To analyze which amino acids within Aβ17-42 are important for the Aβ-fibrinogen interaction, we tested the ability of 5 alanine-scanning peptide analogs of Aβ17-42, where L17, V18, F19, F20, or D23 were replaced with alanine (L17A, V18A, F19A, F20A, and D23A), to inhibit Aβ42-fibrinogen binding by AlphaLISA. Analog peptides L17A and D23A exhibited almost no inhibitory activity, whereas F19A and F20A showed comparable inhibitory efficacy to original Aβ17-42. Interestingly, Aβ V18A (IC50 = 0.26 µM) showed fivefold higher inhibitory efficacy than Aβ17-42 (Figure 2C). This alanine-scanning experiment indicates that L17 and D23 are crucial for Aβ-fibrinogen binding.
Fragments of Aβ42 may adopt a different tertiary structure compared with Aβ42, which may affect their ability to bind to fibrinogen. We therefore examined the ability of biotinylated Aβ42 to bind fibrinogen in the presence of antibodies raised against specific regions of Aβ (Figure 3A). Antibody 6F/3D (against Aβ8-17) and 4G8 (against Aβ17-24) blocked pulldown of fibrinogen by biotinylated Aβ42 (Figure 3B), whereas antibodies raised against Aβ1-5, Aβ22-35, and Aβ33-42 had no effect on Aβ42-fibrinogen binding. The epitopes of antibodies 6F/3D and 4G8 were confirmed by enzyme-linked immunosorbent assay, which showed that 6F3D bound Aβ1-16 and 1-17 but not Aβ17-42, whereas 4G8 only bound Aβ17-42 (supplemental Figure 3). Thus, the central region of tertiary structured Aβ42 is critical for Aβ-fibrinogen interaction.
SDS-stable Aβ-fibrinogen complex formation
Our analysis of the Aβ-fibrinogen interaction suggested that prolonged incubation of Aβ and fragment D resulted in the formation of an SDS-stable complex. Because Aβ42 aggregates rapidly, we first examined this phenomenon using Aβ42 mutant G37D, which does not readily aggregate.19 Prolonged incubation of fragment D with Aβ G37D followed by western blot analysis with an anti-Aβ antibody showed Aβ42 G37D migrating at ∼4.5 kDa (corresponding to monomeric Aβ) as well as at ∼100 kDa (Figure 4A). The ∼100-kDa band was not detected in the Aβ42 G37D alone lane, indicating that it is a specific product of Aβ42 G37D-fragment D interaction. Anti-fibrinogen antibodies detected fragment D at ∼100 kDa, suggesting that the ∼100-kDa band detected by anti-Aβ antibodies represents Aβ42 G37D that remained in complex with fragment D during SDS-PAGE. SDS-stable complex formation could be mediated by the transglutaminase factor XIII (FXIII), which may contaminate fragment D preparations and lead to the formation of covalent crosslinks between Aβ and fragment D. FXIII activity is dependent on calcium,20 and incubation of fragment D with Aβ G37D in the presence of EDTA, a calcium chelator, still resulted in SDS-stable complexes, indicating that FXIII-mediated crosslinking is not involved in SDS-stable complex formation.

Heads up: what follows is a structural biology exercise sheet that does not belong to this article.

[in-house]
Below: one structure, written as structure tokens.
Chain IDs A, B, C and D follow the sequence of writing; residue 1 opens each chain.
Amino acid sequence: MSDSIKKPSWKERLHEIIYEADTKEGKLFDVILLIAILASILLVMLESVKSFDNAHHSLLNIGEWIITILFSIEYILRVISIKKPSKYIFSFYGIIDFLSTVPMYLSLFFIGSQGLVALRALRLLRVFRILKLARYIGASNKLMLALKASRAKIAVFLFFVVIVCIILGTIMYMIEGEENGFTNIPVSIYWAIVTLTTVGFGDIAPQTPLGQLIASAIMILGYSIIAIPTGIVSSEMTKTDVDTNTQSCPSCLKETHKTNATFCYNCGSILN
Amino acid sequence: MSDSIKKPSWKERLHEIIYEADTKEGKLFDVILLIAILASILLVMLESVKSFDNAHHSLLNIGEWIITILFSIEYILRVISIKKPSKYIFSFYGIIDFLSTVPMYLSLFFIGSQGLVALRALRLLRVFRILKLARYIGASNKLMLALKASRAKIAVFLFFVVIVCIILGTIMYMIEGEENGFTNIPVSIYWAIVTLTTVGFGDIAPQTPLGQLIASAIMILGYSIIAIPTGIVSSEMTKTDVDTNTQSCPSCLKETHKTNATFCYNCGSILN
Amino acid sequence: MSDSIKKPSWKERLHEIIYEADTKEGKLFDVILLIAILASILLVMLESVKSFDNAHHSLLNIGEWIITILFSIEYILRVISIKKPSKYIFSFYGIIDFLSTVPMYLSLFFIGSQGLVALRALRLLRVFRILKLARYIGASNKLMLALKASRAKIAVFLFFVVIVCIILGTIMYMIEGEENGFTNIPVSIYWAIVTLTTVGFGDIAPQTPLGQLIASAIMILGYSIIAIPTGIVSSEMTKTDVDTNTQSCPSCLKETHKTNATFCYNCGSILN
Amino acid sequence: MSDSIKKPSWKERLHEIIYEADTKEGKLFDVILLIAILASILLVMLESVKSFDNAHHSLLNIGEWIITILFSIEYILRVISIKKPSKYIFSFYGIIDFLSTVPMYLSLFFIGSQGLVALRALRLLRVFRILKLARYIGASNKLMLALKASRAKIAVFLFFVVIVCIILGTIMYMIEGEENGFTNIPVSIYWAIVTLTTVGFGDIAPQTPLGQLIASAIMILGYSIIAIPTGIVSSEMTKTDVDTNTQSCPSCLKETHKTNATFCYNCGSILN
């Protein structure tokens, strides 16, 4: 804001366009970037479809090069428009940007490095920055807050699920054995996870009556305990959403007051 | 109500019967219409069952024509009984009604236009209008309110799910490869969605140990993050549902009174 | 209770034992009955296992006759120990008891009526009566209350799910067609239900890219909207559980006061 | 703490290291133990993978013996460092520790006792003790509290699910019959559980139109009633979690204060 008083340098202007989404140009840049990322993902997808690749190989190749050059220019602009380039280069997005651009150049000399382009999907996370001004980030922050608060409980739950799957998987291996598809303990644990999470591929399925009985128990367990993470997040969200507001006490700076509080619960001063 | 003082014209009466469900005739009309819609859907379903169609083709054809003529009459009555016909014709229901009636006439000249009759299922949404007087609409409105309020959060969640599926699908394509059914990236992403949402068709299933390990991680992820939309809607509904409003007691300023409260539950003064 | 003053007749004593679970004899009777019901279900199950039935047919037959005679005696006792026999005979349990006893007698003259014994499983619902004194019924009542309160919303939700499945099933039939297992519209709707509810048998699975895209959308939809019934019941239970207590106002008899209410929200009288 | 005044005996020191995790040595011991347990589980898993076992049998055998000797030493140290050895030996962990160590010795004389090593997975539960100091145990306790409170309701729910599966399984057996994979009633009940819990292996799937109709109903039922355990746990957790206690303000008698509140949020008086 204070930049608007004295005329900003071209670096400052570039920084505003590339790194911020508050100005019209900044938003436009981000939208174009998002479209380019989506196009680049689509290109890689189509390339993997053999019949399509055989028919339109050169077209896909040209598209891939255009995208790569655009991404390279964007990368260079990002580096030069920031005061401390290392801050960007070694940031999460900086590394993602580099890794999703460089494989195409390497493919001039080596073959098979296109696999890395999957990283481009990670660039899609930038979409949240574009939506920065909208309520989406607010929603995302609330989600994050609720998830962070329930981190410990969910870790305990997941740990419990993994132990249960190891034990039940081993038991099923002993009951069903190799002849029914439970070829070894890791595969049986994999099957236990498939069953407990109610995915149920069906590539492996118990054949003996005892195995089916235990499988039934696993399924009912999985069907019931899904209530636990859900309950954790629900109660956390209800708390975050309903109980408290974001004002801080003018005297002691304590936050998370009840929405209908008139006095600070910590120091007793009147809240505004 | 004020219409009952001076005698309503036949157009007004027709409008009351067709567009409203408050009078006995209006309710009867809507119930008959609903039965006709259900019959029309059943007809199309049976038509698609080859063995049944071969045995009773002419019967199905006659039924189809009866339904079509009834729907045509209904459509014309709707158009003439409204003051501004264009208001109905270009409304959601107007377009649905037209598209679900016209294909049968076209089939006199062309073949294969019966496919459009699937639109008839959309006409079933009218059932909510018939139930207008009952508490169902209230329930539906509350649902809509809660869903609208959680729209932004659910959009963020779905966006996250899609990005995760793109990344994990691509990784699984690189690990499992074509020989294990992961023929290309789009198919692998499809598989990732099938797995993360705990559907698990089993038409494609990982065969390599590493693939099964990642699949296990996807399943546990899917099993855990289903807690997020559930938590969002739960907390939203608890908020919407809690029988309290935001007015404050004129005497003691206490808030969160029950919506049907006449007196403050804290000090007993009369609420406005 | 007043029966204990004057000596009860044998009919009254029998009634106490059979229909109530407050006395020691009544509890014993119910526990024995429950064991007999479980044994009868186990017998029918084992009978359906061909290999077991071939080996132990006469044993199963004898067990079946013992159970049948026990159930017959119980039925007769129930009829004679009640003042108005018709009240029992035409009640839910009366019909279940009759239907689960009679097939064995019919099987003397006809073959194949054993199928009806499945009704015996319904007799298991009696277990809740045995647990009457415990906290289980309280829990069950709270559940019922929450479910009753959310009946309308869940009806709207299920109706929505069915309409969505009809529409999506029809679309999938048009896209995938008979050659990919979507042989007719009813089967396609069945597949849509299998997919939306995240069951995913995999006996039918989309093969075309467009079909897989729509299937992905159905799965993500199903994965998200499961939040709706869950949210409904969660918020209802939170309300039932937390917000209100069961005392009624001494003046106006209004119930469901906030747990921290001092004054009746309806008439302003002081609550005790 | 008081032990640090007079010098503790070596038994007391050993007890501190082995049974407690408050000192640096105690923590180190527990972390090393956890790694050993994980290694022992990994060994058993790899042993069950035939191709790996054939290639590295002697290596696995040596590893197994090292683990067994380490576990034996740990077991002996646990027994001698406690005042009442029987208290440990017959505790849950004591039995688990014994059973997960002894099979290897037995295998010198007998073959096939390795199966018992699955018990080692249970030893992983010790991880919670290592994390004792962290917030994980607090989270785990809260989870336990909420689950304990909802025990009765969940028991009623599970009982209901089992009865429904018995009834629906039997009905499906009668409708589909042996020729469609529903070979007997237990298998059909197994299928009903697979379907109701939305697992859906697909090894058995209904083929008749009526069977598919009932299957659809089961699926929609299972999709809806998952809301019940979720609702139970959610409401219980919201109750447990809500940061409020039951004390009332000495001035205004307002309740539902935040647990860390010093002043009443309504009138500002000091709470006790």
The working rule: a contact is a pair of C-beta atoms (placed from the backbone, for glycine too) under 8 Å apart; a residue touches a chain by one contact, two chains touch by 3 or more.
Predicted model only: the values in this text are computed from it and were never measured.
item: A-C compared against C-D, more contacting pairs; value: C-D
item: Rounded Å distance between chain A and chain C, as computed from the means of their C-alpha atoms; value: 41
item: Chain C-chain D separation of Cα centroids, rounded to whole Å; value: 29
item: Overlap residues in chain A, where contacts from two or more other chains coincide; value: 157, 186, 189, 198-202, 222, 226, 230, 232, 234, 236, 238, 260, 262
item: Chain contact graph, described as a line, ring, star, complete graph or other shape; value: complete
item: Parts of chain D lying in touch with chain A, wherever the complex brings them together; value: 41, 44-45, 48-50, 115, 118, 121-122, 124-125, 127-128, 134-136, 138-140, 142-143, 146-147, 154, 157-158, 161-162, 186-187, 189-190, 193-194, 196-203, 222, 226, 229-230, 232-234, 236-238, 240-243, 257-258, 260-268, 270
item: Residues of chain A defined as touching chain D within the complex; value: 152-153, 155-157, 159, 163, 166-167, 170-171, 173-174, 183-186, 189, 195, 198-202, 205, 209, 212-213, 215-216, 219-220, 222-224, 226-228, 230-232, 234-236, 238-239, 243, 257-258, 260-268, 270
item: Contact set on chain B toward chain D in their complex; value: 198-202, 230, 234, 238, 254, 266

SDS-stable complex formation was also observed when Aβ42 G37D was incubated with fibrinogen instead of fragment D (Figure 4B) and when Aβ42 was used instead of Aβ42 G37D (Figure 4A). Interestingly, incubation of nonmutant Aβ42 with fragment D resulted in the formation of fewer Aβ42 oligomers (∼36-100 kDa) compared to Aβ42 incubation alone. Previous results show that the interaction between Aβ42 and fibrinogen or fragment D promotes Aβ42 fibrillization,7 which could account for the conversion of the oligomeric species of Aβ42 seen when incubated alone into fibrils in the presence of fragment D.
Aβ binding to fragment D induces structural change in C-terminal region of β-chain
Structural details of the Aβ42-fibrinogen interaction were investigated via X-ray crystallography. We sought to obtain a crystal structure of the Aβ42-fragment D complex because fragment D is the major binding region for Aβ on fibrinogen, is smaller than fibrinogen, easier to manipulate, and has a published, reproducible crystal structure. Because large solvent channels are present in the fragment D structure, our strategy was to soak Aβ42 into preformed fragment D crystals. Fragment D crystals were obtained as described in “Methods” (Figure 5A). To test the ability of Aβ42 to penetrate into the crystal lattice, we soaked fragment D crystals with fluorescently labeled TAMRA-Aβ42, and nonspecifically bound TAMRA-Aβ42 was removed by repeatedly washing the crystals until no decrease in fluorescence was observed. Persistent fluorescence visualized by fluorescence microscopy confirmed binding of Aβ42 within the crystals (Figure 5B). Fragment D crystals were then soaked with unlabeled Aβ42, and data sets from soaked and unsoaked crystals were collected at the National Synchrotron Light Source. The structure was solved by molecular replacement as described in “Methods.” Soaking of Aβ42 did not damage fragment D crystals because the space groups and unit cell dimensions obtained were mostly isomorphous with dimensions found in unsoaked (native) crystals, and agreed relatively well with published dimensions for fragment D (Figure 5C).15